The Mask of Zorro (fight 5 of 5)

In which we go to a mine and the bad guys get the shaft.

… I’m sorry.


5) Zorro vs Captain Love/Diego vs Montero

The Fighters:

  • Alejandro Murrietta aka Zorro, here to foil the bad guys’ evil plan. Played Antonio Banderas.
  • Don Diego de la Vega aka the swashbuckler formerly known as Zorro. Still long-haired and decadent, he had planned to leave this fight to his successor in order to personally reclaim his daughter, but after she frees him from captivity (long story), he shows up to pitch in as well. Played by Anthony Hopkins.
  • Captain Love, the sadistic soldier who’s going to fight Alejandro. Played by Matt Letscher.
  • Don Rafael Montero, the bad guy. Played by Stuart Wilson.

All armed with rapiers, as usual. The bad guys have guns, though they don’t see much use. Elena is also there but her main contribution is to screw things up, sadly.

The Setup: Knowing that Team Zorro has the map to their secret mine, Love and Montero have decided to destroy the area and kill its workers, in order to prevent Santa Anna from finding out that California was sold to him using Mexican gold. Thankfully Zorro arrives to put a sword-shaped kibosh on that. After dispatching of a few henchmen, the hero is nearly shot in the back by Montero, but he’s saved when Diego and Elena make an unexpected appearance. Diego finally gets his grudge match against Rafael, and soon Zorro finds himself squaring off against Captain Love.

The buildup to the latter confrontation is oddly the more dramatic, playing out like the prelude to an Old West shootout. Zorro slowly unsheathes his sword and lets the sun glint off it menacingly– an idea apparently thought up by Banderas himself, and achieved by natural lighting.

Love chooses to pull a reverse Indy-from-Raiders: he removes his sidearm with the same exaggerated care as Zorro did his sword, then tosses it aside voluntarily so the two can have a real duel. Which they do!

(There’s a bit of a ticking clock here on the gunpowder trails set to blow up the mine with all the slave workers trapped inside, but honestly it’s a bit difficult to follow.)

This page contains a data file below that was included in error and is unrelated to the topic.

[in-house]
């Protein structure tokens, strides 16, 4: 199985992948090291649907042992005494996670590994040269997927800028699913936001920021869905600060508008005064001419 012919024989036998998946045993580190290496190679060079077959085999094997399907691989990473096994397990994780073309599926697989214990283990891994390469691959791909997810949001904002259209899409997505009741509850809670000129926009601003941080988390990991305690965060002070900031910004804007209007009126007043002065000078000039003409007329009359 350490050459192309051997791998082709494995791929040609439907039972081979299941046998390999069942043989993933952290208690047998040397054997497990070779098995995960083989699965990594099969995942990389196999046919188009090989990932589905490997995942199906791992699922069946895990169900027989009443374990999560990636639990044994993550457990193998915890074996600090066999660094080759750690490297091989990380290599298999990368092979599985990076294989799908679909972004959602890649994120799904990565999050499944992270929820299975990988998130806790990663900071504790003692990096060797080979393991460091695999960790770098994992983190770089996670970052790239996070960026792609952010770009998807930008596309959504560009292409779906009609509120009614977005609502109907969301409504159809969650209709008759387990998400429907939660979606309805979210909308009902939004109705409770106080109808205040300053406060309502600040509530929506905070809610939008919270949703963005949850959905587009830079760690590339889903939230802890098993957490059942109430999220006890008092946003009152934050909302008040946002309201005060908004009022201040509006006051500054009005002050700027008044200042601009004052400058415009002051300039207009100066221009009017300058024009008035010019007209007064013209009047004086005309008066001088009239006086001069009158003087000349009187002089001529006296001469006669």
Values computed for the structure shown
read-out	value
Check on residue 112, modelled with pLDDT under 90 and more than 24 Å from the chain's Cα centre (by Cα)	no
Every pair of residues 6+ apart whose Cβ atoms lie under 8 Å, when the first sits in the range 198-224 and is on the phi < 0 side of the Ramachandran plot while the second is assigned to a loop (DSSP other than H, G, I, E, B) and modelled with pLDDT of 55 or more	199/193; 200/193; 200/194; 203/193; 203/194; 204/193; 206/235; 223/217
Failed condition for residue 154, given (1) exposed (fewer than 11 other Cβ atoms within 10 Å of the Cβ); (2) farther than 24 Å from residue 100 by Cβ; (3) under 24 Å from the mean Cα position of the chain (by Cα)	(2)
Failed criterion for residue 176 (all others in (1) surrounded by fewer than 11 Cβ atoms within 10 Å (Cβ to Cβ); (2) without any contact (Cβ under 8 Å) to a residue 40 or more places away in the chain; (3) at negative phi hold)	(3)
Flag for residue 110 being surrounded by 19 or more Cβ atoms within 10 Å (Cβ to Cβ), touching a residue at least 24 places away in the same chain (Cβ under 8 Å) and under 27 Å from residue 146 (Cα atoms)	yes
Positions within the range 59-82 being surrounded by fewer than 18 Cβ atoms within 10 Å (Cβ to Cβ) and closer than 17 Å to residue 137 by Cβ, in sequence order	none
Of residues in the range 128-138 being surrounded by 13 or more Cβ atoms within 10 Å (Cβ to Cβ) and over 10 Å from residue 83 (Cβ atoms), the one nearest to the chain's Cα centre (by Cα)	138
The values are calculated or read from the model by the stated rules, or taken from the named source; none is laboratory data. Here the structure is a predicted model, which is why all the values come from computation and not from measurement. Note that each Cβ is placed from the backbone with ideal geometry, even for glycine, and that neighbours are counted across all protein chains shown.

(And yes, I am lumping two fights into one. They occur nearly simultaneously, with the same weapons, in fairly close geographical proximity. To divide them up into separate entries would be repetitive and tiresome and repetitive.)

The Fight: Much as they do with breakfast time at the Country Buffet, the old folks get moving first. After getting the drop on Rafael and punching him good in order to strip him of his rifle, Diego allows his old enemy to draw his sword so they can have a proper fight.

After a bit of cross-cutting the elder Zorro has him on the ropes, and verbally relishes the pleasure he’s soon to take in killing the evil don. But gentle-hearted Elena can’t stand to watch her adopted father get run through, so she stops her real dad from doing the deed… and unfortunately Montero uses the diversion to suddenly grab ahold of her, and threaten to kill her if Diego doesn’t stand down. Unwilling to risk his rediscovered daughter’s life, Diego complies. Rafael then confirms that he was bluffing– even he wouldn’t be so awful as to kill his own daughter. But not so un-awful as to refrain from shooting a defenseless Diego, which he does. Elena pushes the gun aside just in time so that Rafael’s shot is not fatal, at least not immediately; the wounded old fox picks up his sword and the fight is back on.

Unfortunately the gunshot wound severely degrades de la Vega’s fencing abilities, as gunshot wounds tend to do, and the remainder of his battle is a losing one. Eventually the good guy is disarmed, but just as Montero prepares to slice him open, Diego notices that his adversary’s foot is conveniently placed in a pile of leather straps attached to the wagon used for hauling up the gold. At the last moment, Diego ducks out of the way and hits… something so that the wagon comes loose from its moorings, sliding down the cliff and dragging Don Rafael with it. Adios, amigo.